Yet again, my capacity to take photos has outpaced my ability to seriously reflect upon and write about my experiences across this Southeast Asian adventure. However, I finally have time to sit down and talk about a major milestone that I just passed in my Korean journey that includes both my completion of orientation and my recent move to the city of Sejong. Let’s get into it!
So, you all have probably already viewed the smiling faces in the photos above. These were each taken on the final day of orientation – placement day. This day comprised of waking up early, cleaning out our dorm rooms, dressing in business professional wear, gathering our luggage across two different rooms on two different forms, listening to the words of our supervisors (OCT’s, Laura and Director Shim), reading/signing our contracts, taking photos together and saying goodbyes.
Goodbye’s were difficult, yet hugs and photos were peaceful and filled with heartfelt sentiments.
Personally, I chose to write and deliver notes to everyone who had left an especially notable mark on my experience during the 6-week, landlocked, jam-packed, restricting orientation period that served as the preface to my current school and city placement. The notes helped me with grieving and coming to terms with the fact that I was soon not going to be surrounded by, mostly-friendly, native English speakers with whom I shared variably common culture with.
Notes prefaced hugs, and hugs were followed by photos. The photos will mark the memories for later, but they cannot replace the warmth nor reproduce the peculiar feelings of connection, grievance, anger, happiness, confusion, and friendship that I shared with each of the individuals above. It’s a little grim, or at least existential, but I believe that with each good bye I gain perspective on the eventuality of my own mortality. This is a common thought that I have, and it definitely challenges me to really think about what it is I am doing with the year of life I am spending in South Korea and what it will mean to the legacy I both want and will achieve in the greater, longer, story that is my life.
Definitely been thinking a lot about both mortality and goodbyes amidst the recent passing of my grandmother and recent departure from the group I spent numerous arduous hours of programming and Korean classes with.
However, no sooner than I was finished saying goodbye, I was quickly met with several “Hello’s” from my new co-teachers (one of which is in the final photo of this post!), students, host family and new neighbors/ community members.
Moving forward after moving to Sejong.
So, I have just laid down roots in a new Korean city, and it is the current political/administrative capital of South Korea. Within this picturesque metropolis – which has every block purposefully planned to a Tee, I find myself struggling to find my own rhythm and not simply getting swept into the status quo and rather robotic, stressful and patriarchal day-to-day culture of the city.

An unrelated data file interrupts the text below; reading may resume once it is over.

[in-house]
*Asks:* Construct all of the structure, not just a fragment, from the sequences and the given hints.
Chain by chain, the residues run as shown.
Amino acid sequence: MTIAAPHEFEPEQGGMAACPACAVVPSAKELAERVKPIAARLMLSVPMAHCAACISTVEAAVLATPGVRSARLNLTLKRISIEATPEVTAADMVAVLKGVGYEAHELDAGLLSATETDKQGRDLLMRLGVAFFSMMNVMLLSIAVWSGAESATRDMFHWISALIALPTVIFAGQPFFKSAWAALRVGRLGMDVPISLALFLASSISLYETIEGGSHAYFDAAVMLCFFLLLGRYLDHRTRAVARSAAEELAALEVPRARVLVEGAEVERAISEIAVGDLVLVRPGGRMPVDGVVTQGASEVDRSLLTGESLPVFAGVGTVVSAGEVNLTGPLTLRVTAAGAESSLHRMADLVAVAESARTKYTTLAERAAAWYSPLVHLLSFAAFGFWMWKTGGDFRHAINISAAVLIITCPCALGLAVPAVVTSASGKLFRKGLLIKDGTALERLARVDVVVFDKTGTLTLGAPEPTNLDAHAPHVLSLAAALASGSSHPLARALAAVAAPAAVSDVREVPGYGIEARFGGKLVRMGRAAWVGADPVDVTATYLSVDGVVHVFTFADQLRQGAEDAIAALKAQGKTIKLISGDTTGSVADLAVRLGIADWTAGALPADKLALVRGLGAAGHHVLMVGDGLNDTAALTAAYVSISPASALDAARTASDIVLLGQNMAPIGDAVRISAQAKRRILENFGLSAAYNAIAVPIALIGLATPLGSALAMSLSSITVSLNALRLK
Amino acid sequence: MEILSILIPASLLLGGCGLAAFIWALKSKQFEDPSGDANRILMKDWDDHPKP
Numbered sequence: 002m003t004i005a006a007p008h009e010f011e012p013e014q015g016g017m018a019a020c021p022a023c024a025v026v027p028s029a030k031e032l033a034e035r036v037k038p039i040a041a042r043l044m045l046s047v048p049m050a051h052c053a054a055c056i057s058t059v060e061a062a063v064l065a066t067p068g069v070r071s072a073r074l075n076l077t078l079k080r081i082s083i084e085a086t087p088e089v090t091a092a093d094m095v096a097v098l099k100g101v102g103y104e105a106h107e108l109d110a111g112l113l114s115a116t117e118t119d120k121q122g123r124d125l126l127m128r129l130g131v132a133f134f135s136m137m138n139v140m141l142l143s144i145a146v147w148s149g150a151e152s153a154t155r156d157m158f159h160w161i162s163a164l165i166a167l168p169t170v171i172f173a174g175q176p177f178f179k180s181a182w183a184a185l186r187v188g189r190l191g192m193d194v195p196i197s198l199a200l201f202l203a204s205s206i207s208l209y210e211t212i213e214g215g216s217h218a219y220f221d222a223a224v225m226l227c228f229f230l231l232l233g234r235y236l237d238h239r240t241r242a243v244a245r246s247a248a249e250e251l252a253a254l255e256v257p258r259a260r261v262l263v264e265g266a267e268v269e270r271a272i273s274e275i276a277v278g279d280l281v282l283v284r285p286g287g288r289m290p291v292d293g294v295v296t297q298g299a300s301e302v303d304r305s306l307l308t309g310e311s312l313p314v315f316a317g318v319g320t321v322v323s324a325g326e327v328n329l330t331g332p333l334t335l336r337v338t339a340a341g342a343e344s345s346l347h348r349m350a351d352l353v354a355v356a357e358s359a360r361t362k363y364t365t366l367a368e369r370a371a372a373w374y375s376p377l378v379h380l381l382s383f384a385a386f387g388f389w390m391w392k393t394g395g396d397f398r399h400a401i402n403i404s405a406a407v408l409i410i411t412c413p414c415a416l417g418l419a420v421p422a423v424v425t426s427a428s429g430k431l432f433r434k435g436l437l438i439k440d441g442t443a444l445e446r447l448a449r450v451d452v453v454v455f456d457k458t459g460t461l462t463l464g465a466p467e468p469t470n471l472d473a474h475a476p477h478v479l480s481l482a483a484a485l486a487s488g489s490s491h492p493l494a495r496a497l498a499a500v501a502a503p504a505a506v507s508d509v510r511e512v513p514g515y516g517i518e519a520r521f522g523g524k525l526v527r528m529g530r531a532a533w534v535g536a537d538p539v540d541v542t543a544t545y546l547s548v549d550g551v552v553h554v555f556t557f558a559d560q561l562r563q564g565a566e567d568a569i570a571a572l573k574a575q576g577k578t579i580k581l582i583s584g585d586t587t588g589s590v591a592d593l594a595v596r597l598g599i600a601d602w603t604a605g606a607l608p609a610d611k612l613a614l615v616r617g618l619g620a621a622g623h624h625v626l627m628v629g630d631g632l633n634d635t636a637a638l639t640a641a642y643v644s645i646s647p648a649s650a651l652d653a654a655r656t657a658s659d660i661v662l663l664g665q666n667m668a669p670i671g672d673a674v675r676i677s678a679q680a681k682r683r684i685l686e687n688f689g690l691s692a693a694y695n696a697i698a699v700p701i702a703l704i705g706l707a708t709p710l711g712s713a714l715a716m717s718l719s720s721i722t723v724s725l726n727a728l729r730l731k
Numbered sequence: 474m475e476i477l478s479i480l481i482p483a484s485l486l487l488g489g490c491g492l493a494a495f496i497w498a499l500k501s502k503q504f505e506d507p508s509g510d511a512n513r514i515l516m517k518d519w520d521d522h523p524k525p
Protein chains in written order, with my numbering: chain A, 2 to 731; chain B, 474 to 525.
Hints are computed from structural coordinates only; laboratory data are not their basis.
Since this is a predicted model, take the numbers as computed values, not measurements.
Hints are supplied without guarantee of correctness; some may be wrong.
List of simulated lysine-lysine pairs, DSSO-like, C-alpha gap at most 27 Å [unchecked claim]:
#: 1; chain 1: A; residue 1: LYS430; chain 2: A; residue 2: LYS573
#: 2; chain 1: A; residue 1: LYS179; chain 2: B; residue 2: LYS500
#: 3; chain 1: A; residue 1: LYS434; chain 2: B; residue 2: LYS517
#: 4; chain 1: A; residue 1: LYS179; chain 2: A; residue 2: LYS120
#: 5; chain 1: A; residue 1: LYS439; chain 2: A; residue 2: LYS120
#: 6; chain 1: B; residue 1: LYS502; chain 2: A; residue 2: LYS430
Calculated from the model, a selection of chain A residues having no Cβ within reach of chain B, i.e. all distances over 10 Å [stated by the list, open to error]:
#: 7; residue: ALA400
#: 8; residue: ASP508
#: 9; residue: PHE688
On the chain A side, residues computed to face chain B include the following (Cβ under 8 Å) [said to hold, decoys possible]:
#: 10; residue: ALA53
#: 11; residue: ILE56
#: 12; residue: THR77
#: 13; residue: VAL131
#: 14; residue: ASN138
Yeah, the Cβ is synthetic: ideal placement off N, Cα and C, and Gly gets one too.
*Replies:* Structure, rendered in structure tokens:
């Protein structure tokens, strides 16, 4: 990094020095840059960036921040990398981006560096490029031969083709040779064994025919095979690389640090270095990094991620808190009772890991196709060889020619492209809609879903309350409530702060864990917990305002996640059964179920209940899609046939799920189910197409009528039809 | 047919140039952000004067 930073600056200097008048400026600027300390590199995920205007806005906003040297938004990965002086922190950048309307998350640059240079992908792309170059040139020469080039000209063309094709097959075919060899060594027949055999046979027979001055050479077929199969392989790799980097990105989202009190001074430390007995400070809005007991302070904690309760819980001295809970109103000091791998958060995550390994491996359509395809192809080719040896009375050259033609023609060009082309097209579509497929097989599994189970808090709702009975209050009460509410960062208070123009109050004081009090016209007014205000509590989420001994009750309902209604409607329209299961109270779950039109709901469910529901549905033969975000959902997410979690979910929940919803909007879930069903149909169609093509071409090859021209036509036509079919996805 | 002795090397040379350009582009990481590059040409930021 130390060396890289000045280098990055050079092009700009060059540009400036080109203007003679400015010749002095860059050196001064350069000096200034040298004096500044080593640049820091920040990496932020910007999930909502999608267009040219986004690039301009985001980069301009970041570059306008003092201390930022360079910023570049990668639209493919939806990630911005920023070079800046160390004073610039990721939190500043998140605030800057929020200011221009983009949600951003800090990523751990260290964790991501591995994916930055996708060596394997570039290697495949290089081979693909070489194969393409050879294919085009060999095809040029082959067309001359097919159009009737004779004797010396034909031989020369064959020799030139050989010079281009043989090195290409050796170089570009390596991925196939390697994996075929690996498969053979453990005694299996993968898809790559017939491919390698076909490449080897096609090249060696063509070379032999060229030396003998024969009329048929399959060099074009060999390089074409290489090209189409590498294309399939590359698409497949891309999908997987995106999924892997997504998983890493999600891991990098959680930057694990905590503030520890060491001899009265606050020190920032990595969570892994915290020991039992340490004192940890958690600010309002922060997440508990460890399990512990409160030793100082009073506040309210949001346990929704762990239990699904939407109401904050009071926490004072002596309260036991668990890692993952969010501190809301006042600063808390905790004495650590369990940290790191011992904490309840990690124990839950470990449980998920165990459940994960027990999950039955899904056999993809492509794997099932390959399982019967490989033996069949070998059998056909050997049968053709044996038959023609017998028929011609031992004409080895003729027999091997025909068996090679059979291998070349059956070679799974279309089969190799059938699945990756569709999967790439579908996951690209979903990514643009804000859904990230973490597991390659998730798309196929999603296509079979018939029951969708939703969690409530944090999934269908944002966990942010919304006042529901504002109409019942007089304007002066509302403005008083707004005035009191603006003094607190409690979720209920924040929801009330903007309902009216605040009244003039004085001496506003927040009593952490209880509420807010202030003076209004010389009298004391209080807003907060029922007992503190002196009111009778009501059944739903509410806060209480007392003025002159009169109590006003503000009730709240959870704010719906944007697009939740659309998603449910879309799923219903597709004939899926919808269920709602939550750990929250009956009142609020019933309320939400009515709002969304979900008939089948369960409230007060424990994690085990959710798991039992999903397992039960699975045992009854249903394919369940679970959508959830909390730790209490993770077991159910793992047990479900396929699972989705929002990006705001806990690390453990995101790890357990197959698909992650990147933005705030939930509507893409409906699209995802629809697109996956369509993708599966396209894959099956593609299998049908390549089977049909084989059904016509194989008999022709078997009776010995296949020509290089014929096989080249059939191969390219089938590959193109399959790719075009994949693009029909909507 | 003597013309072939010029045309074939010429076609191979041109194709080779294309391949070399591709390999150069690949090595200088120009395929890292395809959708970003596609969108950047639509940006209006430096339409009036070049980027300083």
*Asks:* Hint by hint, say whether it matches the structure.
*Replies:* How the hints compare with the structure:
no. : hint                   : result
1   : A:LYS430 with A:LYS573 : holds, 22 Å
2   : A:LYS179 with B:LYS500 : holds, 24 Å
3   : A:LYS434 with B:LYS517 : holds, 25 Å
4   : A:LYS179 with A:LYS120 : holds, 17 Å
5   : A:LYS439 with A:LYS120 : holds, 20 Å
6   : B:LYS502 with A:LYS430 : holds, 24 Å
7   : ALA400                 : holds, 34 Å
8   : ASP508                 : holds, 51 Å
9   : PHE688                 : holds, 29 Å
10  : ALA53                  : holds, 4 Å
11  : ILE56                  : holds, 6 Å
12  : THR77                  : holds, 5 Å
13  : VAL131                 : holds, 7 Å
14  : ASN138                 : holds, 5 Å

It’s funny how I came to South Korea as an expression of my own freedom, only to land a full-time job that will also leave me as a guest in another families’ home.
Life’s funny like that.^&^
Nevertheless, rest assured that I am forging my own path forward in this journey. I found a spot to dance, I am taking time and initiative to travel, I am making nice and connections with my new host family, new co-workers, and members of the community.
I am enacting all of my willpower and leftover strength/time toward advancing myself as an individual, intellectual, and African-American. My progression is currently being directed in a manner which will allow me to find inner peace, reach for my own goals, better navigate and operate within my current community, and plot the path for transitioning into my next phase of life – which will likely be the pursuit of a Master’s degree at Portland State University in Urban Planning. From there, I hope to begin a professional career of helping improve the transportation, sanitation and communal networks of cities across the world in sustainable and community-inclusive ways.
This post grew kind of preachy toward the end, but I write these words to keep my goals in context, because it has been a recurring theme of previous Fulbright and English teachers in Korea to get “comfortable” with the systems, communities and living circumstances of this country – because it is relatively safe, advanced, and offers a plethora of opportunities and privileges that are at once, attractive, and upon examination in-context of immigration law/sentiments, internal classism, educational stresses (particularly on high school students), ongoing gender stereotypes (wives do A LOT of work here) and other peculiar social norms, the advances can be alarming because of a recurring sentiment of being weary of critical self-reflection upon a national-level.
It would seem that negligence and ignorance of lower classes is the cost of progressive nationalism, but this is an opinion written by a foreigner and should be taken with a grain of salt.
Nonetheless, I have 11 months to go and a lot more to learn and experience while here.
Please wish me luck going forward!
I will continue to share my experiences!
Thanks for Reading!